"The Big One" is a 9.0 magnitude earthquake predicted to ravage the west coast of North America, with some researchers citing a 33% chance of it hitting in the next 50 years. If it were to hit tomorrow, or even a decade from now, do you think you'd be adequately prepared?
In 2013, the Alberta floods displaced hundreds of thousands of people. A family friend of mine took to Twitter to offer up her couch, in case someone needed a place to sleep for the night. She received over 300 replies.
Whether it's an earthquake, a fire or some other large-scale disaster, the next crisis to affect you shouldn't send you, your loved ones, or your community adrift. Enter Harbour.
What it does
Harbour offers two main sets of functionality: one for people who are directly affected by a crisis, and one for those nearby who wish to help.
In the Face of Disaster
Forget group chat chaos: you will have immediate access to the last recorded locations of your family members, with directions to a pre-determined muster point.
Don't know what to do? Have an internet connection? Access our Azure chatbot to ask questions and get relevant resources. No internet? No problem. Easily find resources for most common catastrophes on a locally-saved survival manual.
Live Updates: A direct and uninterrupted feed of government warnings, alerts and risk areas.
If You Want to Help
Crowdsourcing the Crisis Response: Have a couch you can offer? How about shelter and a warm meal? Place a custom marker on your local map to tell your community how you can help. Far more efficient than a messy Twitter feed.
How I built it
We built this app using Android Studio in the Kotlin programming language for the primary app development. We used Google Firebase and Firestore to maintain the database of important locations and contact information. We used Microsoft Azure Cognitive Services Key Phrase Extraction for the user-friendly chatbot that helps with finding disaster information. We used Balsamiq for creating mockups and GitHub for version control.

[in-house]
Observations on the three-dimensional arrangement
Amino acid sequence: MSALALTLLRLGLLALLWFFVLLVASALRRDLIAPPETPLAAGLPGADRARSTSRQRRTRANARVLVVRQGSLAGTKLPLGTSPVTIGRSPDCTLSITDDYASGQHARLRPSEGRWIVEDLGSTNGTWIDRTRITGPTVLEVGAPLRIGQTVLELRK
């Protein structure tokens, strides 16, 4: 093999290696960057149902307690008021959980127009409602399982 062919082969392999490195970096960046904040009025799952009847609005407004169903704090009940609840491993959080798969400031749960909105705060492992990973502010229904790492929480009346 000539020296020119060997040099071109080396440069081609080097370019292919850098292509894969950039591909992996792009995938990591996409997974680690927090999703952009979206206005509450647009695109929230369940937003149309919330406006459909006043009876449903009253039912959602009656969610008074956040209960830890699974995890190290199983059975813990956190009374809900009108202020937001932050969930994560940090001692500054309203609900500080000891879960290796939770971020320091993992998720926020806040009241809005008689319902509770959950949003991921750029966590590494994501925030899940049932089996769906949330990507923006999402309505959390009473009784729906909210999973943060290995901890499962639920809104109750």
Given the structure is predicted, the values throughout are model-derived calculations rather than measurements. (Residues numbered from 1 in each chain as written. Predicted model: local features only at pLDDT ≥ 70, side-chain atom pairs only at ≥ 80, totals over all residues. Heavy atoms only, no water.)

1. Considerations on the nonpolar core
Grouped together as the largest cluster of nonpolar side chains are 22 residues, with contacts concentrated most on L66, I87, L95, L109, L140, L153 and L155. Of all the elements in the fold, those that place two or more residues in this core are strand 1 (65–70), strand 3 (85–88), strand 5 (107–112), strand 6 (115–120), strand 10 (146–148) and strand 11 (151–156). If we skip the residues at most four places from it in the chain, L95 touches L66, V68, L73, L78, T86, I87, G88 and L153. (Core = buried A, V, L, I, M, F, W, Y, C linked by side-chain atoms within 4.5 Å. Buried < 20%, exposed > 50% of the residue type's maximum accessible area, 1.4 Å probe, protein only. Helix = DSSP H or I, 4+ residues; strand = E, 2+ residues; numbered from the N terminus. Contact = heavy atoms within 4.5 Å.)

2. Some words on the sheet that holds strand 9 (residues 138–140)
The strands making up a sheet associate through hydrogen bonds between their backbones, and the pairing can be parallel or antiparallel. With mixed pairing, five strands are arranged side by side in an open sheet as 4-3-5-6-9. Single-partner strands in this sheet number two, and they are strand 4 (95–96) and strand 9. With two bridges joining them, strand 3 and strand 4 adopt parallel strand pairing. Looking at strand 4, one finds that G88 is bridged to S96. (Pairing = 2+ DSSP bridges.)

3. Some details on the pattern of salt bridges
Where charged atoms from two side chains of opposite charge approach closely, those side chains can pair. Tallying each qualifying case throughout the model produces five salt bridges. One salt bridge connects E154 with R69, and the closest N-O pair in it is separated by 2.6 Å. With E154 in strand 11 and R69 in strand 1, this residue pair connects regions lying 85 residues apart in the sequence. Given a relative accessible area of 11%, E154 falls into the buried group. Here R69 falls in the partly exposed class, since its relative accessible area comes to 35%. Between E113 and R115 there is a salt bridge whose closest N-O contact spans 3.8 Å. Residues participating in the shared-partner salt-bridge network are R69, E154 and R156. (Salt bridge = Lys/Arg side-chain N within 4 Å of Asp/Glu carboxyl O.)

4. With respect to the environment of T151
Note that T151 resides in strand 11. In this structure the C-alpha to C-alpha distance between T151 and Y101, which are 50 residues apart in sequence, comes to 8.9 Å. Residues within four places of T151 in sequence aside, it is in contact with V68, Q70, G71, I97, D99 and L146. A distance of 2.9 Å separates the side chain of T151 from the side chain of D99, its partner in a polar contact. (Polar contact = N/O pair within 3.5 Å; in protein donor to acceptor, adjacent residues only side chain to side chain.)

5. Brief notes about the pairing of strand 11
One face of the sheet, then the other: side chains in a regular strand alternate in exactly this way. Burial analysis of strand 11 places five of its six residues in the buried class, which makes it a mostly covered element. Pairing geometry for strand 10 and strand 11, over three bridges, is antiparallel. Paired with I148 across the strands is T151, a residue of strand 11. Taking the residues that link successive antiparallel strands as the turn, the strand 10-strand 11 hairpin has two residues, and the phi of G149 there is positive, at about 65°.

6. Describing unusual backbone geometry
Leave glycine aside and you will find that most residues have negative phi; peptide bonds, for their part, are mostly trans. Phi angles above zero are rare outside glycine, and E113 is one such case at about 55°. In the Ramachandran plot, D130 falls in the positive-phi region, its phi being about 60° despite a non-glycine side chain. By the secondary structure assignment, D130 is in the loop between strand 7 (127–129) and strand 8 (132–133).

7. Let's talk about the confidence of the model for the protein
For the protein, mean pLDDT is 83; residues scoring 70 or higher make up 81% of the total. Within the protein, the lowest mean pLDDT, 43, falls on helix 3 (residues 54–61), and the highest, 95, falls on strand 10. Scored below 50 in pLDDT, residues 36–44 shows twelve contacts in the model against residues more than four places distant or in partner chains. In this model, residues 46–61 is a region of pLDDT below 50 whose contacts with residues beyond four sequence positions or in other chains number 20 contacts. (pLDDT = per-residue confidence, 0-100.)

Challenges I ran into
The two key challenges we ran into were: Integrating Google Maps - the SDK was well documented, but getting the exact markers and behavior that we wanted was very time-consuming. Improving the user interface - A big part of why we were motivated to build this app was because the current solutions had very poor user interfaces, which made them difficult to use and not very helpful. Making a clean, usable user interface was very important, so we spent a significant amount working through the details of Android Studio's graphic design to make this happen
Accomplishments that I'm proud of
I am proud that we were able to make so much progress. In our early planning, we wanted the app to have four key functionalities: family coordination, community resource-sharing, user-friendly disaster recovery information, and city-wide alerts. It was an ambitious goal that I didn't think we could reach, but we were able to build a minimum viable product with each functionality.
What I learned
I learned that it only takes 24 hours to build something with a large potential impact on society. We started this hackathon with the goal of improving the disaster response resources that citizens have access to. Despite the time constraints, we were able to build a minimum viable product that shows the promise of our mobile app solution.
What's next for Harbour
The next step for Harbour is to partner with Canada Red Cross to integrate our app design with their informational resources. We will continue to improve our Machine Learning emergency resource and get more detailed emergency response information from the Canadian Red Cross.
We also hope to work with the City of Vancouver to integrate government-defined danger zones to help citizens understand the dangers around them.